Fearful Symmetry

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The Religion by Tim Willocks

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The Religion by Tim Willocks

The Religion by Tim Willocks

Tim Willocks has been one of my favourite writers from when I first read Green River Rising in one sitting back when it came out in paperback. Unfortunately he’s been a bit quiet of late spending the last few years contributing to some rather duff films in Hollywood. Green River Rising depicted a brutal prison riot in America and his other novels were deep-fried southern gothic novels of crime and redemption. But now he’s back with something a bit different, a historical novel – but one that still deals with the same essential concerns of his previous novels.

The Religion is set in late medieval Europe, the events occurring mostly during one of the greatest battles in history – the siege of Malta. The title has multiple meanings; The Order of St John who hold the island consider themselves so devout they call themselves The Religion but there is also the Muslim religion of the invaders. Although we have a clash of civilisations at the heart of the novel Willocks shows that to the common man it does not really matter who is charge; everyone involved suffer for their leaders ambitions. In fact the personal obsessions of the main characters are so deep-seated that they are almost religions on there own.

The novel’s flawed hero straddles both of the religions. Mattias Tannhauser was born a Christian in the Germanic area of Europe but in the prologue was captured by Muslim invaders as a child and raised as a warrior for Islam. At the beginning of the novel he’s left behind both factions and is more interested in business ventures. But the Knights of Saint John enlist him to help with the siege by persuading a beautiful woman to beg hin to help him find her son who is lost somewhere in Malta. Close on his heels is a Grand Inquisitor after his blood.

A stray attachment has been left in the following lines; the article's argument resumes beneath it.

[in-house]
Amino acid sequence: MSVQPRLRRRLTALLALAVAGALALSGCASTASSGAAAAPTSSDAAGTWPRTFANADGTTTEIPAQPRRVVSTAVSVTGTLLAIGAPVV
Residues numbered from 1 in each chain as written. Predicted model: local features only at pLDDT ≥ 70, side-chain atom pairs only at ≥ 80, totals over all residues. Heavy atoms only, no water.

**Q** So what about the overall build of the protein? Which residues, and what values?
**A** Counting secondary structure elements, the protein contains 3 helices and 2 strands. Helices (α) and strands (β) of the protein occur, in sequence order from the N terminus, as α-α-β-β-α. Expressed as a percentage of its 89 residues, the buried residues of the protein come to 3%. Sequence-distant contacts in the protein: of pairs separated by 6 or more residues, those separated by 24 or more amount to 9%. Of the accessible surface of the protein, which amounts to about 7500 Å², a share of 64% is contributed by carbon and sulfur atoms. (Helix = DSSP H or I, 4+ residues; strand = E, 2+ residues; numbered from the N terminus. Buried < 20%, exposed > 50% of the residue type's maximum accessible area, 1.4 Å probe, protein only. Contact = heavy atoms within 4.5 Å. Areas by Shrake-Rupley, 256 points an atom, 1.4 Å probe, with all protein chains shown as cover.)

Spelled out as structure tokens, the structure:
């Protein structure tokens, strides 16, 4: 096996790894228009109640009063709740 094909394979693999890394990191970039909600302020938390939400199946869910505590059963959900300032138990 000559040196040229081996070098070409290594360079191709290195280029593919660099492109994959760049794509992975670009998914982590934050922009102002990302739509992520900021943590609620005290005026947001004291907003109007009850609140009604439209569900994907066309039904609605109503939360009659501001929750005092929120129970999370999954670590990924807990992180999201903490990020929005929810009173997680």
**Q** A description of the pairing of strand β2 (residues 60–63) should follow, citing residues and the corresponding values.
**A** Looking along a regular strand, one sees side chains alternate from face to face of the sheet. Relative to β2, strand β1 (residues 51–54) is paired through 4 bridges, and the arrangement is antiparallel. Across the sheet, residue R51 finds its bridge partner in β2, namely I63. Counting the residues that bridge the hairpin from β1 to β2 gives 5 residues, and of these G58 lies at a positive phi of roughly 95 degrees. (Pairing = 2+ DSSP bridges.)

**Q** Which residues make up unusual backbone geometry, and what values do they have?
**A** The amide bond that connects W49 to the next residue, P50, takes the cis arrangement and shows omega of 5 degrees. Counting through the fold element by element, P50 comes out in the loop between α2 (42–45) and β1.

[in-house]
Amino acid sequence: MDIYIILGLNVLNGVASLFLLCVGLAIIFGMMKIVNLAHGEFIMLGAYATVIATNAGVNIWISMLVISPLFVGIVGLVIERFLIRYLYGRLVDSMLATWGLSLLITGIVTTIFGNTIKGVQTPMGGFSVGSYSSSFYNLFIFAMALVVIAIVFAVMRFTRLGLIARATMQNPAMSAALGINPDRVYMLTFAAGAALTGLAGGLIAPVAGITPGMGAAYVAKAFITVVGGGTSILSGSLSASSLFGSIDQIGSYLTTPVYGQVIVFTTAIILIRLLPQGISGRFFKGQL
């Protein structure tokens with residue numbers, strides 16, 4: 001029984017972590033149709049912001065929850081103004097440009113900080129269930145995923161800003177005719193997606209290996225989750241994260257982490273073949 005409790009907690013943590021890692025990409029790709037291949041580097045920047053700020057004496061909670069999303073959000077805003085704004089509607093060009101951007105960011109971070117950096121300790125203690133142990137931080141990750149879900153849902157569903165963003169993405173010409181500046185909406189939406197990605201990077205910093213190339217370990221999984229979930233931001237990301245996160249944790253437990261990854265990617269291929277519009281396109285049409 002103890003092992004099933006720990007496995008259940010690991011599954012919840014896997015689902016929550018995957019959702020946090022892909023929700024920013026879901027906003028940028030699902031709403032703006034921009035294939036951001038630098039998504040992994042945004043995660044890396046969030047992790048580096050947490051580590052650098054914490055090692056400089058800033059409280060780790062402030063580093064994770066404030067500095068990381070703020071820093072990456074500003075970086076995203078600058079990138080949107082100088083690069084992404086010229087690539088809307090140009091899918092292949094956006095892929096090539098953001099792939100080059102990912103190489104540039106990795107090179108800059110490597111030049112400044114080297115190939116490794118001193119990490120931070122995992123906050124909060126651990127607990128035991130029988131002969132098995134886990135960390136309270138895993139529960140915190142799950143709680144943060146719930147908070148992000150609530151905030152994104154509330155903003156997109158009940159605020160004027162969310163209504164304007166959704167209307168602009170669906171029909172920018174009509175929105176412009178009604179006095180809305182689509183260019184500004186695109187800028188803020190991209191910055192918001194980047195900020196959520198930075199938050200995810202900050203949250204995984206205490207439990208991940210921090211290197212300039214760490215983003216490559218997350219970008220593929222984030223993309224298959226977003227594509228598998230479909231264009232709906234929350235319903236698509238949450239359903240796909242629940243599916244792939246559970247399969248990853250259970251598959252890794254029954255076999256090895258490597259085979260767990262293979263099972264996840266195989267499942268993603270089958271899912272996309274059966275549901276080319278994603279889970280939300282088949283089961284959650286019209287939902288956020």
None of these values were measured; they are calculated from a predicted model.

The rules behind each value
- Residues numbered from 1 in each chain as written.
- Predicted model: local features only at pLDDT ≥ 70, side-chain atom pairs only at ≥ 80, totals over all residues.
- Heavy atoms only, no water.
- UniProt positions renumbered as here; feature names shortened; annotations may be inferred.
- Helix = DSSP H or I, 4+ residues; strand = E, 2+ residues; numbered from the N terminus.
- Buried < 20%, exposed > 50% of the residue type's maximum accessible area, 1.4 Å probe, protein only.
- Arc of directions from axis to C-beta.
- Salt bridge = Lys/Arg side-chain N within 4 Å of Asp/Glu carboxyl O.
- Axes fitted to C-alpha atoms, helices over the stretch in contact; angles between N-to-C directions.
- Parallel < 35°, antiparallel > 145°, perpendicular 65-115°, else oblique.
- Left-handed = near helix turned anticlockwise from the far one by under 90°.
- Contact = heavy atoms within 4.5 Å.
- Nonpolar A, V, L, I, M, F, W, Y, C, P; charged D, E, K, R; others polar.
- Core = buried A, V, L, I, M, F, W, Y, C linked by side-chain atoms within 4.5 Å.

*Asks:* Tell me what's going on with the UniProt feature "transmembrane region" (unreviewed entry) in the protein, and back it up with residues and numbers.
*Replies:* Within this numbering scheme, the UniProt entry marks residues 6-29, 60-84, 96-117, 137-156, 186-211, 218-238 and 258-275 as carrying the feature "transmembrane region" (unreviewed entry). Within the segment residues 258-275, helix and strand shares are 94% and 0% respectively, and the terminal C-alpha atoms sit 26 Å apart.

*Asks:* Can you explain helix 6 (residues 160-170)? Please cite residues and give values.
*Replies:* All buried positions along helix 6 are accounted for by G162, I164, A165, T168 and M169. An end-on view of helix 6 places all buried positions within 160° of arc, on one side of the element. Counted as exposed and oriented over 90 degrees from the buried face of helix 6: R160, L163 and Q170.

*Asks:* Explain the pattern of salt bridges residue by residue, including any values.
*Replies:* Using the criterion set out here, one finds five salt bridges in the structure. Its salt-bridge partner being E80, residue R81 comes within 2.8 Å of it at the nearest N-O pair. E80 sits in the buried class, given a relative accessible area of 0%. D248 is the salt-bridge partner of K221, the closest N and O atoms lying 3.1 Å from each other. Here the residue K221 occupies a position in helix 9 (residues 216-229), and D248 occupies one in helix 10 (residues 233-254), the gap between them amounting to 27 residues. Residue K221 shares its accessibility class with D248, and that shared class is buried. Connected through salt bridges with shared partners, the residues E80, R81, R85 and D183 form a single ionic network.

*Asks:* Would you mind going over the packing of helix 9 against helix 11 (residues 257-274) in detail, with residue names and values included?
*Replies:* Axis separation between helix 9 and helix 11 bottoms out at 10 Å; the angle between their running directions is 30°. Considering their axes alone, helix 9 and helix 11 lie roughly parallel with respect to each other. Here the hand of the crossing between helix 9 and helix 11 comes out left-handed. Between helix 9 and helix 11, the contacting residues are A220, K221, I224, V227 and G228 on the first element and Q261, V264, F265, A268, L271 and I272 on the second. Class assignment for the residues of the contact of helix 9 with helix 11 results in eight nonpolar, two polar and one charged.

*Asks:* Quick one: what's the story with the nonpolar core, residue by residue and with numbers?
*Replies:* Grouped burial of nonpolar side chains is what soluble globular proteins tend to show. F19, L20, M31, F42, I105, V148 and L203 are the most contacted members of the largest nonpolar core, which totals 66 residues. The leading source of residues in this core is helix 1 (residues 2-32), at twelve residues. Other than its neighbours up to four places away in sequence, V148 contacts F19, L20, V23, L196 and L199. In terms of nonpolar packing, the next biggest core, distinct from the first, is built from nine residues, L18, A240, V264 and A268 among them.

There is no black and white characterisation here – everyone has shades of grey. Tannhauser does not hesitate to kill if he needs to and his upbringing allows him to move from Christian to Muslim camps helping and hindering them as his personal needs dictate. The villain is dark but believable, so trapped into his situation that you have sympathy for him

We are thrown into a rollicking wide-screen adventurer. In fact too wide screen at some points – if Willocks has a fault it is in handling the wide scale geography of the siege. For once a map would have helped. The violence is extreme, probably over the top for some, and nothing is spared during the battle scenes where men literally hack each other to death; blood, guts and shit spewing everywhere. Even during the pauses in the battle we are not spared as the plot takes us into the infirmary and we see the surprisingly sophisticated, but gruelling, medieval battlefield surgery. It’s obvious Willocks medical background – he was previously a doctor specialising in the treatment of drug addiction – helps him here. This knowledge also helps him understand the psychology of the characters and especially the reasons why someone could grow to love war; to be able to loose themselves in the lust for glory.

The bloody action is run through with a subplot of romantic love that contrasts well, as Tannahuser and the Inquisitor duel for the lady’s love.

The Religion builds up to a powerful climax where a number of events left me breathless, and having to stop reading. Willocks really shows his literary chops and the book ends both in a way unexpected and yet exactly in a way that is needed.

Perhaps the meaty prose can go over the top at times. However, if you can cope with this, and all the gore – which some of the lit crits have turned their noses up at – then I’d recommend The Religion as one of the best books I’ve read in a long time. I just hope I don’t have to wait ten years for Willocks’ next one.

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Written by Fearful Symmetry

June 24, 2009 at 3:38 pm

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